Space Object Earth Impacts – Debris Could have Reached Other Planets and Moons

When discussing the demise of the Dinosauria and that mass extinction event that saw the end of the Mesozoic around 66 million years ago, most scientists accept that there was an extraterrestrial impact which probably contributed to the extinctions.  The Chicxulub impact, was certainly colossal, one event that would have caused immense devastation, but at the same time, such an impact could have helped spread life to other parts of our solar system.  The debris (known as ejector) hurled out into space from the huge explosion that occurred when the space object hit our planet, could have led to rocks from Earth landing on other planets and moons.  Organisms such as bacteria and other forms of extremophiles are capable of surviving in very harsh environments, even those such as found in outer space (if protected adequately from the full intensity of the sun’s radiation).  Microbes and other bacteria could have survived the immensely long journey from Earth to distant parts of our solar system, to moons such as Europa, a frozen satellite of the gas giant Jupiter.  Europa may have liquid water trapped beneath ice sheets thousands of metres thick.  If such organisms survived, then they could have “seeded” other parts of the cosmos with life forms that originated on Earth.

This is the main finding from a study carried out by researchers at Pennsylvania State University (United States) into the possible implications of extraterrestrial impacts.  Ironically, what brings death and destruction to one environment may prove to be the catalyst to establishing life elsewhere in our solar system.

Extraterrestrial Impacts – Potentially Spreading Life Throughout the Solar System

Rocks on their way to Mars or Venus?

Rocks on their way to Mars or Venus?

The idea that life from one part of outer space could seed life in another part has been around for a long time.  It is called Panspermia, the concept  that organisms can “hitch-hike” around the solar system on comets and debris from meteor strikes.  Conversely, if life has existed elsewhere in our solar system, perhaps on Mars for example, then meteor strikes on Mars could have sent ejector towards Earth.  Any organisms sent out into space as a result of the collision, if they survived their journey of many millions of miles and if they also survived passing through our planet’s atmosphere; could then have contributed to or even established life on our planet.   Odd to think it, but we could all be Martians, or at least part Martian as a result of this “space shooting gallery” as one of our colleagues calls it.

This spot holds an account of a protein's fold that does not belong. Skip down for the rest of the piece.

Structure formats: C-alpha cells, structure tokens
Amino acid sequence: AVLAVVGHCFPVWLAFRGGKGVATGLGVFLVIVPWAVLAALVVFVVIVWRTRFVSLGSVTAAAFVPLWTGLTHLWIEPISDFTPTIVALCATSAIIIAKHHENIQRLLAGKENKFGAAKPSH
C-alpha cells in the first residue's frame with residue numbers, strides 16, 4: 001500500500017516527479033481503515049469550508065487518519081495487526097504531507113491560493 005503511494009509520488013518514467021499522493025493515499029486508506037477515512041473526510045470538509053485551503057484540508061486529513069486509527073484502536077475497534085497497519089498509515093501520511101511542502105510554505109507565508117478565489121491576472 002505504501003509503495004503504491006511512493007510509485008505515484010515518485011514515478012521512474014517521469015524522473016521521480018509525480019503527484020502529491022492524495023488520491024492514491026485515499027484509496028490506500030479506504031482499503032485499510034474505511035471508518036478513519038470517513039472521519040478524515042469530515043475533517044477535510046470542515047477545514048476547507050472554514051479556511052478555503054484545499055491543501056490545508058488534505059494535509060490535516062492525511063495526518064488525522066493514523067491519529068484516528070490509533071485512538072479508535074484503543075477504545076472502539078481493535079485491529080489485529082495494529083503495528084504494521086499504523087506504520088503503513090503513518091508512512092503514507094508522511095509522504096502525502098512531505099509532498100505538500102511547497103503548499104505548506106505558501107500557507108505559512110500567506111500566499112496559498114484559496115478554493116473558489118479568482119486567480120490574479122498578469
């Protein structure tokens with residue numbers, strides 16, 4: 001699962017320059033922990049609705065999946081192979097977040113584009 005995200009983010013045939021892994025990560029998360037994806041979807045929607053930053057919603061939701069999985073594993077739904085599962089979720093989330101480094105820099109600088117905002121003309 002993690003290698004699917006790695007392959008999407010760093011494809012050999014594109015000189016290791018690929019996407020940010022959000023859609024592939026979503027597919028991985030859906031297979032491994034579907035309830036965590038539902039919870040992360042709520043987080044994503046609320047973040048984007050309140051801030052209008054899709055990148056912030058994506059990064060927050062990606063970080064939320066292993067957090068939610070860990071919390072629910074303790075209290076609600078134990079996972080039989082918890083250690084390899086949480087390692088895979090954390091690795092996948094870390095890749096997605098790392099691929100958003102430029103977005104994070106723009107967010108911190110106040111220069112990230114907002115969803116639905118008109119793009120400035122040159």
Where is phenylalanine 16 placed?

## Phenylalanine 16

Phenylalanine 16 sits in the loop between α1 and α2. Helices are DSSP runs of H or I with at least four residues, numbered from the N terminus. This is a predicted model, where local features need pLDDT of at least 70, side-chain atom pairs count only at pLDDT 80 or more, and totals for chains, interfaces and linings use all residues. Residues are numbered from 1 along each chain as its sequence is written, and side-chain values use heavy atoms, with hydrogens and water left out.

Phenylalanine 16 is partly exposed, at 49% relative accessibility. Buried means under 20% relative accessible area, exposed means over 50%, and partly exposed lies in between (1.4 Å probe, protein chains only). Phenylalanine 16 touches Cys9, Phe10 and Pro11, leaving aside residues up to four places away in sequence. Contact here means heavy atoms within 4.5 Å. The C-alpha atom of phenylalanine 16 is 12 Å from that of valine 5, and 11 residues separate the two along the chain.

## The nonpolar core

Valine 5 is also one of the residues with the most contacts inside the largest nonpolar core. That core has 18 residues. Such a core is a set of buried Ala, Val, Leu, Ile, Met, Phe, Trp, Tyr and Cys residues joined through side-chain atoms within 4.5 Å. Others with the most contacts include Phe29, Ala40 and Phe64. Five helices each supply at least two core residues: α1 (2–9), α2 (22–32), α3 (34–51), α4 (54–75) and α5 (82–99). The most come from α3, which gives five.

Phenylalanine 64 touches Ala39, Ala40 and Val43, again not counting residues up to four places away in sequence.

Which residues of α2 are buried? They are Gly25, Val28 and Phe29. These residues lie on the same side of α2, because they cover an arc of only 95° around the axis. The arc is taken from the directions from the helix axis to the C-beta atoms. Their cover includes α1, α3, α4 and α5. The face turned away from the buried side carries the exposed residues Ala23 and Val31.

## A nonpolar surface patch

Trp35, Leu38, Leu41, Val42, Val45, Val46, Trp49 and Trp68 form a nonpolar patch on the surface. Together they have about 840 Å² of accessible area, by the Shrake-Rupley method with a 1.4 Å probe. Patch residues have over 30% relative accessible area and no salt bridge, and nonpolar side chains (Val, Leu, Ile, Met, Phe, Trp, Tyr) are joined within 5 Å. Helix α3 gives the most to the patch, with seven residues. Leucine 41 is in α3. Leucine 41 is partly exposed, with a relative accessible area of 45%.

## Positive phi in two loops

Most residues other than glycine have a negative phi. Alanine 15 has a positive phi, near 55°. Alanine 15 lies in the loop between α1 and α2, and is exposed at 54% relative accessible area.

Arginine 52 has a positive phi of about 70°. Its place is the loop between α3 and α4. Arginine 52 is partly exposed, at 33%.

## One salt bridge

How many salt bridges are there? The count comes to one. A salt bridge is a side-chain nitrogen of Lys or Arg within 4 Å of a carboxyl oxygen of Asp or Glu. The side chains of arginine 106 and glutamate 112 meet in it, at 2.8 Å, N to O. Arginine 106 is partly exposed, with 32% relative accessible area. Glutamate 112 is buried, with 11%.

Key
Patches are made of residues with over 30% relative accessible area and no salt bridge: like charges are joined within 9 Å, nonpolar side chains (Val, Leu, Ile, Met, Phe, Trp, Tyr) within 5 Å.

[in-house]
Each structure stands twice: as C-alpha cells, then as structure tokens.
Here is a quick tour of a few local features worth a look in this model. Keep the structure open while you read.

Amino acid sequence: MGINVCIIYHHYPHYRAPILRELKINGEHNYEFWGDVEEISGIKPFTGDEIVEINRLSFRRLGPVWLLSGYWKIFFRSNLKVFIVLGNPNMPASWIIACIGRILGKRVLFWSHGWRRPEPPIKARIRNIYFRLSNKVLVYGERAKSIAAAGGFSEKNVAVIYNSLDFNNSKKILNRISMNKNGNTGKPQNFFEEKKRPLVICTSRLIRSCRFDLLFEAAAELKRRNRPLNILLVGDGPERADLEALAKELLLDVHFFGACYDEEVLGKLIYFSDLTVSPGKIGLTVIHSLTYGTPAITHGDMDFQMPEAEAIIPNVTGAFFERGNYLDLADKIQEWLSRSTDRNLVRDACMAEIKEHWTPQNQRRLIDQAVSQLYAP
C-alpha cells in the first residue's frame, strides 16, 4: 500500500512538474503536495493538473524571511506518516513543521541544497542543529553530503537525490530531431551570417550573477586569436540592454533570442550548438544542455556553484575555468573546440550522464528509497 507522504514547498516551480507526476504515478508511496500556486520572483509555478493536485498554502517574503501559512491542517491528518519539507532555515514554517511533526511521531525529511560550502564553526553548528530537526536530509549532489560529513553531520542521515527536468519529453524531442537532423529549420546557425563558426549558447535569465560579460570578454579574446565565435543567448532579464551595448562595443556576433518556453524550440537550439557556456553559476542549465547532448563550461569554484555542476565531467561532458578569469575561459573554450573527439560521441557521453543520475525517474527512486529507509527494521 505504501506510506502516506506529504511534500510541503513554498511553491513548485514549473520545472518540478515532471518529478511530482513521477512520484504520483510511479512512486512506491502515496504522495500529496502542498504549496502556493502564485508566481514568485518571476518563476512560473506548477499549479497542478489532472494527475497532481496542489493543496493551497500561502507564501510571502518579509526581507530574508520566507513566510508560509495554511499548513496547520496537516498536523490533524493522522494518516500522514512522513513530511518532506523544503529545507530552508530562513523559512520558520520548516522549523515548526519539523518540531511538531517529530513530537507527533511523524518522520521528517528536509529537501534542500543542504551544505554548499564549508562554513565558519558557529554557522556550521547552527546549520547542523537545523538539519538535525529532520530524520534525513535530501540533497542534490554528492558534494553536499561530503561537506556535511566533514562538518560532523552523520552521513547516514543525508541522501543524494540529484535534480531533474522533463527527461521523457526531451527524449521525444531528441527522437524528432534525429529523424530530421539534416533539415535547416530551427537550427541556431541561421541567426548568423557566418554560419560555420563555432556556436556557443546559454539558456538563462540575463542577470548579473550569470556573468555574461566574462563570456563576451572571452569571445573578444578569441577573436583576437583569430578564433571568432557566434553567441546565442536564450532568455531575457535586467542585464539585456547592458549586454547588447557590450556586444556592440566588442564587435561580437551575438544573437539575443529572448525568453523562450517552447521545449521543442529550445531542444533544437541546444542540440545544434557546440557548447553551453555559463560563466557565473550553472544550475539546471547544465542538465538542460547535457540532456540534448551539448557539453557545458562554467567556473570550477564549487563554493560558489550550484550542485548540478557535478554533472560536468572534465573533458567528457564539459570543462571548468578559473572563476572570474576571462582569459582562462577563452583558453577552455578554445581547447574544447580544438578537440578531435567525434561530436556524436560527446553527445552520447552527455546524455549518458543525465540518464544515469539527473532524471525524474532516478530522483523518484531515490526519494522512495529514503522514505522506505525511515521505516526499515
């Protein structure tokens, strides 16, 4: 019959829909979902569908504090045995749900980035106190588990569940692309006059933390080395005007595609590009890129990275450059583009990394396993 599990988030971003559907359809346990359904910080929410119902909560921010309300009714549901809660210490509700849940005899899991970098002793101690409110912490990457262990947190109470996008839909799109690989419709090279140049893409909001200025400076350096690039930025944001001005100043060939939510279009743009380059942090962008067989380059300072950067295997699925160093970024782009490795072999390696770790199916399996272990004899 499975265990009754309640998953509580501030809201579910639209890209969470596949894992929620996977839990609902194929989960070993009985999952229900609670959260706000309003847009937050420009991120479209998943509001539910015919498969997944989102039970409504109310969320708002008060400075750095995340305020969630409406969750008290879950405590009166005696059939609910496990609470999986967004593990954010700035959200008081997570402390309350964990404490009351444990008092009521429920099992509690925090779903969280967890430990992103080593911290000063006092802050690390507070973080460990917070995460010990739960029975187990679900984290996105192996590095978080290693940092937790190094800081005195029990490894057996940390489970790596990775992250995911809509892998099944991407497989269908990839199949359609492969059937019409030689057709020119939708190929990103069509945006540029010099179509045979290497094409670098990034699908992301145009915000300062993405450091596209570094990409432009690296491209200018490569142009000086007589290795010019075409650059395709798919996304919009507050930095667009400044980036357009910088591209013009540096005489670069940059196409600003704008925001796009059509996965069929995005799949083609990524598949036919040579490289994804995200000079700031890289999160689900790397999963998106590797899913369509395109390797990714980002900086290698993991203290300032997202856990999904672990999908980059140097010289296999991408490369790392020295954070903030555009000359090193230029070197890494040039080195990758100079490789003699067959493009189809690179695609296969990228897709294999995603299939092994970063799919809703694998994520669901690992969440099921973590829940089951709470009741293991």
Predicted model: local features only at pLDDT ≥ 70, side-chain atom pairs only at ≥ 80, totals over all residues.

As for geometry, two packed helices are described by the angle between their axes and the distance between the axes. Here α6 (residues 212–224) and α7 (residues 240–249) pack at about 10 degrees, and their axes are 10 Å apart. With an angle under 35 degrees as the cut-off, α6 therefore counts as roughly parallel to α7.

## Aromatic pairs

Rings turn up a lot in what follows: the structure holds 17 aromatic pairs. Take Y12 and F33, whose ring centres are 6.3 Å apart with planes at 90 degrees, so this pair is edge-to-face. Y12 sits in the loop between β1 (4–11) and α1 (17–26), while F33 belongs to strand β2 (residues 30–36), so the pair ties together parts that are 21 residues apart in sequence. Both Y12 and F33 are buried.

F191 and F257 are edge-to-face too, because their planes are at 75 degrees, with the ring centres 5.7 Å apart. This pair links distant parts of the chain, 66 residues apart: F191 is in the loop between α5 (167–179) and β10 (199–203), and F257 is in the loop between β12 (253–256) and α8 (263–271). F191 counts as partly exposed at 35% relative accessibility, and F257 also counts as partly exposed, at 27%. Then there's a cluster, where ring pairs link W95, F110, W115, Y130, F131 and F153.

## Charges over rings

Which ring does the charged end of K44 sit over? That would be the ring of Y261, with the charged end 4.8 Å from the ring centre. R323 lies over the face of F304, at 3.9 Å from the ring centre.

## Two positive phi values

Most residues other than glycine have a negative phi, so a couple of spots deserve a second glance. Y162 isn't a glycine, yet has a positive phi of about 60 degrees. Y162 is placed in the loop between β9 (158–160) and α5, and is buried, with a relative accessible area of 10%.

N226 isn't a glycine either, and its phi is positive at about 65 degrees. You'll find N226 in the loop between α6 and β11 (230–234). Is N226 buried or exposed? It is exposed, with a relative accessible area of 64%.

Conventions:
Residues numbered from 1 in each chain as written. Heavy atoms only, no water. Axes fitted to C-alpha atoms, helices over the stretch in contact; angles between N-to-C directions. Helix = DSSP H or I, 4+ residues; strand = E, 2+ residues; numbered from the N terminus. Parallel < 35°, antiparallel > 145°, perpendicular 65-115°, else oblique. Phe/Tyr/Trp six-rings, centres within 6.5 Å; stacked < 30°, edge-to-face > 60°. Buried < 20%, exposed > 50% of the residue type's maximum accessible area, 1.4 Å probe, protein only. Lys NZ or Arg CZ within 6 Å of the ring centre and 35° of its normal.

The scientists from Pennsylvania  State University set about calculating how many rocks potentially big enough to harbour life securely on a space journey had been ejected beyond our atmosphere in the last 3.5 billion years.  Why 3.5 billion years?  Simple, it is now a consensus view that life was present on Earth at least 3.5 billion years ago.  We may have been on an extremely slow fuse towards what is known as the Cambrian explosion, a time in our planet’s history equating to around 540 million years ago when preservable hard parts of organisms are found in abundance in the fossil record.  However, all the way back to 3.5 billion years ago, there was very probably types of archaic life and bacteria present.  Such organisms could have found themselves travelling to Mars and other exotic destinations as a result of extraterrestrial impacts.

The research team have concluded that many thousands of potentially life-bearing rocks may have made it to Mars, which may have had in the past a more hospitable environment than it does today.  Arrivals having unwillingly landed on the Red planet, hundreds of millions of years ago, could well have survived and might even have flourished in their new home.

Lead author of the research, which has just been published in the academic journal “Astrobiology”, Rachel Worth stated: